Advances in Biotechnology

by

Pankaj K. Bhowmik, Saikat K. Basu, Aakash Goyal

DOI: 10.2174/97816080509011100101
eISBN: 978-1-60805-090-1, 2009
ISBN: 978-1-60805-579-1



Indexed in: Scopus, EBSCO, Ulrich's Periodicals Directory.

The first volume of this Ebook series brings together the most recent advances from leading experts in the burgeoning field of biotech...[view complete introduction]
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VIRUS INDUCED GENE SILENCING IN WHEAT: A REVIEW

- Pp. 185-203 (19)

Navreet K. Bhullar and Beat Keller

Abstract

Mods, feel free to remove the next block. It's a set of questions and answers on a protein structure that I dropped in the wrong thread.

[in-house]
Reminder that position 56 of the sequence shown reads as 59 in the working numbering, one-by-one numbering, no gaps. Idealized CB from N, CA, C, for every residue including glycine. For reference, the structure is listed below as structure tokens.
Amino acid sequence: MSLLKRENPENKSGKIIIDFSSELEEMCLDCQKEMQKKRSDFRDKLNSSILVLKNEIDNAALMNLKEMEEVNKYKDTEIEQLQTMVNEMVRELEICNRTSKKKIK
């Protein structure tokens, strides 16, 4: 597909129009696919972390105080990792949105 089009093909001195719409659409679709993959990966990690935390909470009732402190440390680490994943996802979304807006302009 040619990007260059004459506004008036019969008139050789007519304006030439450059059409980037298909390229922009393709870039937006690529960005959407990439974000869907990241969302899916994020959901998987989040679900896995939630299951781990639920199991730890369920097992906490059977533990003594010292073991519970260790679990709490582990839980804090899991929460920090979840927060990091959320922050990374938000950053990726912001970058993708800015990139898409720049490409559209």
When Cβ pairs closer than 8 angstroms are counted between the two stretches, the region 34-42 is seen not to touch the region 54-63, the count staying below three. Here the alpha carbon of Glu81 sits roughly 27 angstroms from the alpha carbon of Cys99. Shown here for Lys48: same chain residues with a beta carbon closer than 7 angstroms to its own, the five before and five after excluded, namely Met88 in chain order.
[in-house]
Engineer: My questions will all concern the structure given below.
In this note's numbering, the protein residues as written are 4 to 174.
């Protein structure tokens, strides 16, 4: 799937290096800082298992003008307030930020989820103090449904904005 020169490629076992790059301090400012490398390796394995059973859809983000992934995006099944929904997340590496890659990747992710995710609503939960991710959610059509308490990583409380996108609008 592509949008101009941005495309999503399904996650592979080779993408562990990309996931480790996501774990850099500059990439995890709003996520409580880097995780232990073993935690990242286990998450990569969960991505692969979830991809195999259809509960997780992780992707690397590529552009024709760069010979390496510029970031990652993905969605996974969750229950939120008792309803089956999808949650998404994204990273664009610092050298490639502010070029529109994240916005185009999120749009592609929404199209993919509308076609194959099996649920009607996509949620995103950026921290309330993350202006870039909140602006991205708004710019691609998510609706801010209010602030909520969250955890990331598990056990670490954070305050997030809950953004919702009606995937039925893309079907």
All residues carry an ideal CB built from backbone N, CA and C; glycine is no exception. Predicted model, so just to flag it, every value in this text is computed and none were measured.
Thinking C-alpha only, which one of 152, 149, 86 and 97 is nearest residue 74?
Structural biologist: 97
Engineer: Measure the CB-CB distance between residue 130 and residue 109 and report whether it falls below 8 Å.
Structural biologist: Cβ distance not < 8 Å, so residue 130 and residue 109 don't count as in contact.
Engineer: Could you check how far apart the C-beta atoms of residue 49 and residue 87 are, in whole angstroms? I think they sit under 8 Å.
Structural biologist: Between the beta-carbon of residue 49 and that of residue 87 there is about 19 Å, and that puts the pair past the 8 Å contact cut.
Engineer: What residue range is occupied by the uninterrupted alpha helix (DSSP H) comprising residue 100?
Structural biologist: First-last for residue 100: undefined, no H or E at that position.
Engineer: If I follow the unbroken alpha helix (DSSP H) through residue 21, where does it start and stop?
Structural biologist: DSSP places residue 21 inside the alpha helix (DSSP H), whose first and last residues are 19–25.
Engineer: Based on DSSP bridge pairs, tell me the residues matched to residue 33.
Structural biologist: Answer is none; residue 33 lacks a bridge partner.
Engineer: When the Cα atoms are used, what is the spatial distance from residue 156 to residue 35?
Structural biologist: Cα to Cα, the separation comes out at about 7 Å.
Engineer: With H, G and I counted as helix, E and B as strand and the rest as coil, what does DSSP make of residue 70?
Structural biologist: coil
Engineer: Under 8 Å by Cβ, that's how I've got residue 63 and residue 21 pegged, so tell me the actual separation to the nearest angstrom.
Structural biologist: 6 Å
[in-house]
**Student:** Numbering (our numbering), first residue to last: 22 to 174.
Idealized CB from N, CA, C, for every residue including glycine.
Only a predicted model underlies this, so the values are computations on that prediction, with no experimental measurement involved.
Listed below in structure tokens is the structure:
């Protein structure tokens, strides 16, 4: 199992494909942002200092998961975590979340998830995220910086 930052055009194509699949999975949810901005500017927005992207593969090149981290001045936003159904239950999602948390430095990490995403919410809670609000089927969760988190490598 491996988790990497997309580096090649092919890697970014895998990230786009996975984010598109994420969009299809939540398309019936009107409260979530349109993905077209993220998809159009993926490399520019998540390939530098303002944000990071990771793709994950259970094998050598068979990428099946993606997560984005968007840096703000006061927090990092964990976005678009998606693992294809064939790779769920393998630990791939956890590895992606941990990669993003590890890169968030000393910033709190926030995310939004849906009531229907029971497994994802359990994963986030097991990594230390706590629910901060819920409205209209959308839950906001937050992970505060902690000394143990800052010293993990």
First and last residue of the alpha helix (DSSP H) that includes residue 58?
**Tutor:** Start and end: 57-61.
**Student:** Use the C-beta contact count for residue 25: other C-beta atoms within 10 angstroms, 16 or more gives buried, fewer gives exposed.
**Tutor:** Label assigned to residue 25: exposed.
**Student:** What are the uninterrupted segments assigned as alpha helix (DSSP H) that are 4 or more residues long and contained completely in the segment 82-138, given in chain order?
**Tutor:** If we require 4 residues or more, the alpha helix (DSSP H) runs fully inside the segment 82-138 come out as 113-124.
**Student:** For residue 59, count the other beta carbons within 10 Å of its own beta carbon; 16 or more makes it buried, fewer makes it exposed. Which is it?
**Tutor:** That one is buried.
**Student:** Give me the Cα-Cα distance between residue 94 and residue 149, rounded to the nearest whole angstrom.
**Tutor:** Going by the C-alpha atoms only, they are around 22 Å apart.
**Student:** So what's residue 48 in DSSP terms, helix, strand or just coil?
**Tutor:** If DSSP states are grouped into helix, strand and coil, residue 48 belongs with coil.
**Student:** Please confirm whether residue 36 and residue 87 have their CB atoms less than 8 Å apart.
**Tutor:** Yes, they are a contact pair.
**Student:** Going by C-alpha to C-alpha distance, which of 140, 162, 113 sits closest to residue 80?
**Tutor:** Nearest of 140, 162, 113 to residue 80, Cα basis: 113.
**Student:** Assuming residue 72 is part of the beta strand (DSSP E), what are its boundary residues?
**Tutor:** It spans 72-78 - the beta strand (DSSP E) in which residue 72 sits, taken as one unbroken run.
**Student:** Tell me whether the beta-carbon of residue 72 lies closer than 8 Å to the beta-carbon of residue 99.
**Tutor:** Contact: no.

Wheat is a human food crop of high economic value and future improvements in wheat breeding require in depth knowledge of gene functions. The hexaploid genome, large genome size and recalcitrance to transformation of the cultivated wheat limit the use of functional approaches such as mutagenesis, T-DNA knockout libraries, T-DNA activation tagging or transposon gene-tagging for gene identification. Wheat functional genomics has benefitted from approaches based on post-transcriptional gene silencing (PTGS) and RNAi (RNA interference) has been deployed as an effective reverse genetics tool (involving expression knock down) to elucidate the function of wheat genes. Despite its demonstrated usefulness, RNAi in wheat cannot yet be applied to large scale projects, as it requires the generation of transgenic lines which is a time consuming and labour intensive procedure in wheat. As an alternative, virus-induced gene silencing (VIGS) has emerged as an attractive option for rapid generation of gene knock-down phenotypes to assess function of target genes. VIGS is based on homology dependent gene silencing achieved by delivery of viral RNA or DNA containing a gene fragment with homology to an endogenous gene into plants. VIGS is of great importance in wheat as it can potentially speed up the characterization of candidate genes. In this chapter, we detail virus induced gene silencing in wheat, discussing different case studies where VIGS use has been demonstrated. The benefits and drawbacks of VIGS strategy as well as its future potential to characterize plant genes controlling different agronomically important traits are also discussed.

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